Sublethal toxicity of untreated and treated stormwater Zn concentrations on the foraging behaviour of Paratya australiensis (Decapoda: Atyidae)

Lois Jane Oulton*, Mark P. Taylor, Grant C. Hose, Culum Brown

*Corresponding author for this work

    Research output: Contribution to journalArticlepeer-review

    15 Citations (Scopus)


    Aquatic organisms use chemical cues to perform key ecological behaviours such as locating food. Anthropogenic pollutants have the potential to disrupt these behaviours by down-regulating chemoreception. Urban stormwater runoff is a major source of metal pollution, particularly Zn, and is a leading contributor to the degradation of receiving waters. Consequently, significant remedial efforts have focused on using constructed stormwater wetlands to reduce pollutant loads. However, no studies have examined the efficacy of water quality improvements on ecologically relevant behaviours in aquatic biota. We conducted controlled laboratory experiments to test whether untreated (100 and 400 μg L-1) and treated (40 μg L-1) stormwater Zn concentrations observed in constructed wetlands interfere with the foraging behaviour of the glass shrimp (Paratya australiensis). The ability of shrimp to perceive, approach and search for a chemoattractant source was used to assess foraging behaviour. Abnormal foraging behaviour was observed in shrimp exposed to Zn at untreated stormwater concentrations. The strongest change relative to the control was observed for perception, which decreased by more than 80 and 60 % in the 400 μg Zn L-1 and 100 μg Zn L-1 groups, respectively. The behaviour of shrimp exposed to Zn concentrations measured in treated stormwater did not differ from the controls. The results suggest that the reduction of stormwater Zn concentrations via wetland treatment can prevent abnormal contamination-induced behaviours in shrimp, leading to improved aquatic ecosystem health. This study also highlights the subtle, but biologically significant impacts arising from sublethal exposures of Zn, and emphasise the utility of behavioural toxicology. The behavioural test used here is a simple and effective approach that could be incorporated into studies assessing the efficacy of stormwater treatment.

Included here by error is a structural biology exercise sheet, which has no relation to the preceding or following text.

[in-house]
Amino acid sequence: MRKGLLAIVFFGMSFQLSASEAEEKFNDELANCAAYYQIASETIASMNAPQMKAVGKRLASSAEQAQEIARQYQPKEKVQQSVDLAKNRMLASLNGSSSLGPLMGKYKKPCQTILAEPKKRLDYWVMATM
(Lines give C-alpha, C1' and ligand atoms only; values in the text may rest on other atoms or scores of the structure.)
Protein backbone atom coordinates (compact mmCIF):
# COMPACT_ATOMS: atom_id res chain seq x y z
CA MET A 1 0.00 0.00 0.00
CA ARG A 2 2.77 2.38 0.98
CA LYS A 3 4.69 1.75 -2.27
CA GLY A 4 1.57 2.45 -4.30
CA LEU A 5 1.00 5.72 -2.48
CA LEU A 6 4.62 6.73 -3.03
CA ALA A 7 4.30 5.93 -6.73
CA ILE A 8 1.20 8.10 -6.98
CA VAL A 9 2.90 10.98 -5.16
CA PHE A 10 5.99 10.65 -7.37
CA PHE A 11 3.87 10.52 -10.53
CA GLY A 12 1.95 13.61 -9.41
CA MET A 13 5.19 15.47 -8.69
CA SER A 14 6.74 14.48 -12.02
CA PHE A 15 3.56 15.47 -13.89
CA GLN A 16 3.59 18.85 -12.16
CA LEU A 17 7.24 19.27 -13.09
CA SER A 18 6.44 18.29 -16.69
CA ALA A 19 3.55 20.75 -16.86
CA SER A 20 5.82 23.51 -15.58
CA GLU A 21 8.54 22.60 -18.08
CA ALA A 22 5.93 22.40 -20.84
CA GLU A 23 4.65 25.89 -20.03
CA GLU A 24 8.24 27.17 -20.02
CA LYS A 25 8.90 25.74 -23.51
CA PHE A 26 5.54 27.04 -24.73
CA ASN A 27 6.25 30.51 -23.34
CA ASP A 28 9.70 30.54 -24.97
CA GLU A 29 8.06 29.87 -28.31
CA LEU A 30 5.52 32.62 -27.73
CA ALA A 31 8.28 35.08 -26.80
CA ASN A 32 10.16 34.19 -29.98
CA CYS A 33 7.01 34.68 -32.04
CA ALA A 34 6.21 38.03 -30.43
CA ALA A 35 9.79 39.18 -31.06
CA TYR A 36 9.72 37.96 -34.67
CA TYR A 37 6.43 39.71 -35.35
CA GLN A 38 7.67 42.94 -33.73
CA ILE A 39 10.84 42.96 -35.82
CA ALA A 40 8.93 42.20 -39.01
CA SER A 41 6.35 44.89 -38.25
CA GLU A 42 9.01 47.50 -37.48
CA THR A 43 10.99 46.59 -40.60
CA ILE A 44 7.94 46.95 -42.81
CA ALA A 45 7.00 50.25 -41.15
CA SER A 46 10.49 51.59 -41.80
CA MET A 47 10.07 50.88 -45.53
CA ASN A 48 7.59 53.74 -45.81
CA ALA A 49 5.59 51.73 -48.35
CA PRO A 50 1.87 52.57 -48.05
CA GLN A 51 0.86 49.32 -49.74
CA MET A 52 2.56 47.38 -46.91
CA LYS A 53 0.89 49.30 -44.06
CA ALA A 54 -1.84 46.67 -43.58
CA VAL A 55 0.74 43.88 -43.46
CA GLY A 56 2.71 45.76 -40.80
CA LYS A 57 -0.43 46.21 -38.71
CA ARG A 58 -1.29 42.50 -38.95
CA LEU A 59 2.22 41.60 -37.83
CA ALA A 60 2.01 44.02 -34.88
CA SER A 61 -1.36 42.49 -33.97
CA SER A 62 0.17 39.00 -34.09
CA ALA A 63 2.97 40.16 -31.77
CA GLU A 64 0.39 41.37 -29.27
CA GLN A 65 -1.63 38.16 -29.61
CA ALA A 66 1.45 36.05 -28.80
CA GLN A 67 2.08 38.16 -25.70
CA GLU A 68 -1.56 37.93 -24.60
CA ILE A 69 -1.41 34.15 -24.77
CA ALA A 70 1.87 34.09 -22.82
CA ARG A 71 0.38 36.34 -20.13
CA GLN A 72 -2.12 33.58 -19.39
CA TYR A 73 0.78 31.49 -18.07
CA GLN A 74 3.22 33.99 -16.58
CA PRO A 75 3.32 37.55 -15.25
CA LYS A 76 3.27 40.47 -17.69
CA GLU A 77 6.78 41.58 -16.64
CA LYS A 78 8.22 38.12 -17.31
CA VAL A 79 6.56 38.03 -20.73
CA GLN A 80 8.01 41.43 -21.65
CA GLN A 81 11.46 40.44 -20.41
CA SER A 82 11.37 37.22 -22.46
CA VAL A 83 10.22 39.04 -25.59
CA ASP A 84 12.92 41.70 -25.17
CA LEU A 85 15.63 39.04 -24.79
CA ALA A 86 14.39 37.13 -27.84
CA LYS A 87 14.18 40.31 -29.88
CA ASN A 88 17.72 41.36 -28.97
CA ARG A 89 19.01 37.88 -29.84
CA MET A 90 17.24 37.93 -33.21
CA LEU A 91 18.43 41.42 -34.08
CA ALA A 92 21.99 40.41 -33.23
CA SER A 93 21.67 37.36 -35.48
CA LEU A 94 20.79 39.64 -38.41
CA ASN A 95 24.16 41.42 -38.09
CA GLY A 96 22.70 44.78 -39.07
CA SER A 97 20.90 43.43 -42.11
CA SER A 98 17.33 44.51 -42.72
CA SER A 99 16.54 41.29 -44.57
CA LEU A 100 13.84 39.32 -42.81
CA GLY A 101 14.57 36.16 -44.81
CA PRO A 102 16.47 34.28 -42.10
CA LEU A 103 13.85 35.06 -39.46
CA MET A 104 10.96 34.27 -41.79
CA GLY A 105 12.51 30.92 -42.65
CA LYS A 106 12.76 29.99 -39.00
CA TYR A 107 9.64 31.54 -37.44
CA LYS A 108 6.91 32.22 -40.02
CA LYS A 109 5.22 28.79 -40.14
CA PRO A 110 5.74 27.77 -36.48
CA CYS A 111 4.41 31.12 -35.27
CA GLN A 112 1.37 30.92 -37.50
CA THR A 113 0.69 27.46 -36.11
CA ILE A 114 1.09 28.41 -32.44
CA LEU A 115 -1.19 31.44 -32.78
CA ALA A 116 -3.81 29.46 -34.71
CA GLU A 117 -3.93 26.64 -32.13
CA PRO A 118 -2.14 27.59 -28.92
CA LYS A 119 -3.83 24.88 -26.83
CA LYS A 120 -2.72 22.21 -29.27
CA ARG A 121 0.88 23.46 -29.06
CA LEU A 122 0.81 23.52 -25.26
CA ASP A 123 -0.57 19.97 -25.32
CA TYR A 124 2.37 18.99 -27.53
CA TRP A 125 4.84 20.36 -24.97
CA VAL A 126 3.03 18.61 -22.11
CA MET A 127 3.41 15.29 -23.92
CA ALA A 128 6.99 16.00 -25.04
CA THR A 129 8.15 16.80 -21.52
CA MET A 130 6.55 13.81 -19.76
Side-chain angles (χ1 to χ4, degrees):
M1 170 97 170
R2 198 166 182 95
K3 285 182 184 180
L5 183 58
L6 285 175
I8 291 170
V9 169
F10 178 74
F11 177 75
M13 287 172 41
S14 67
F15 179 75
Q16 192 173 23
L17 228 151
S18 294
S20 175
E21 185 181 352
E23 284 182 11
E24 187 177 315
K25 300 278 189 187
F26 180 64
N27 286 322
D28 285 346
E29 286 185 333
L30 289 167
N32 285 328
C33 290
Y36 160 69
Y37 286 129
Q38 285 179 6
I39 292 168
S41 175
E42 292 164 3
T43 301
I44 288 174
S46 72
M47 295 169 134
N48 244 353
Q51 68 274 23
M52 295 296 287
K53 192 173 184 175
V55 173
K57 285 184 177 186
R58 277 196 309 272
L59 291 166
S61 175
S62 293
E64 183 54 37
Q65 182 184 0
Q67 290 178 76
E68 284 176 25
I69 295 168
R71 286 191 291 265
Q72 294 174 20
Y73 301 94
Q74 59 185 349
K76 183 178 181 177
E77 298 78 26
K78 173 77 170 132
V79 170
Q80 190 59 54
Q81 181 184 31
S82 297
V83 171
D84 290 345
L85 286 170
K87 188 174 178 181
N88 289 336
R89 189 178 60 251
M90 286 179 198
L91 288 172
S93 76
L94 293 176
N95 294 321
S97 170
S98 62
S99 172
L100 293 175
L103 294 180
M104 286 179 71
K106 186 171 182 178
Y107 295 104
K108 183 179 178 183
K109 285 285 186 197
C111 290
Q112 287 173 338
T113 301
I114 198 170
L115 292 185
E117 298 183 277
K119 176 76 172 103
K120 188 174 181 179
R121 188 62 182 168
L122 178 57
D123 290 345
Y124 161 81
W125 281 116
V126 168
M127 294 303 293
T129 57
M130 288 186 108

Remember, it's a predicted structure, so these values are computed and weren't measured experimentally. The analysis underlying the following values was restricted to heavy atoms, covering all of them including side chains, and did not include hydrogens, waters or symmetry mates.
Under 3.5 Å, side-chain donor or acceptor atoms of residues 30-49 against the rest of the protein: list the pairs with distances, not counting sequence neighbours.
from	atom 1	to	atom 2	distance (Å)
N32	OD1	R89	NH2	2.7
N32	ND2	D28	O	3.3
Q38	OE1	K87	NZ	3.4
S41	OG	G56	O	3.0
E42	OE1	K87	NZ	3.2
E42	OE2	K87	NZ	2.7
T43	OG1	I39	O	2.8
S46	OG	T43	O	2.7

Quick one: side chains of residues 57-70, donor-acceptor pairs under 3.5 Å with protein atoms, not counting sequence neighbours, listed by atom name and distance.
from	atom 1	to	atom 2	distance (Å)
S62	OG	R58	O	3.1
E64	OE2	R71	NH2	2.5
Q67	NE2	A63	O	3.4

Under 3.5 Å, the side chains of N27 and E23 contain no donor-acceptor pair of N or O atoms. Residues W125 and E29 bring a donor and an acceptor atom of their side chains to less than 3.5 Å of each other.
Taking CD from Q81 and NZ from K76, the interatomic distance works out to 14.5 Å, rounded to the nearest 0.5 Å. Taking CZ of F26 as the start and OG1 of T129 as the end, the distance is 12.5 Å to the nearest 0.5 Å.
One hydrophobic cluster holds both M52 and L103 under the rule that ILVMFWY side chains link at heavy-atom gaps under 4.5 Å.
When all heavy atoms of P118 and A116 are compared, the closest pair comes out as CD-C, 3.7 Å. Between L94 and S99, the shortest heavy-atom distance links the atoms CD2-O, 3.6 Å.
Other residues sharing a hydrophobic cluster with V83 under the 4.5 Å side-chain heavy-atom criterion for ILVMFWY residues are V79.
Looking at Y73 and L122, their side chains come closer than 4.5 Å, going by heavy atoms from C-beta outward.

Original languageEnglish
    Pages (from-to)1022-1029
    Number of pages8
    Issue number6
    Publication statusPublished - Aug 2014


    • atyidae
    • stormwater Zn
    • sublethal toxicity
    • foraging behaviour
    • stormwater treatment
    • Atyidae
    • Sublethal toxicity
    • Foraging behaviour
    • Stormwater treatment
    • Stormwater Zn


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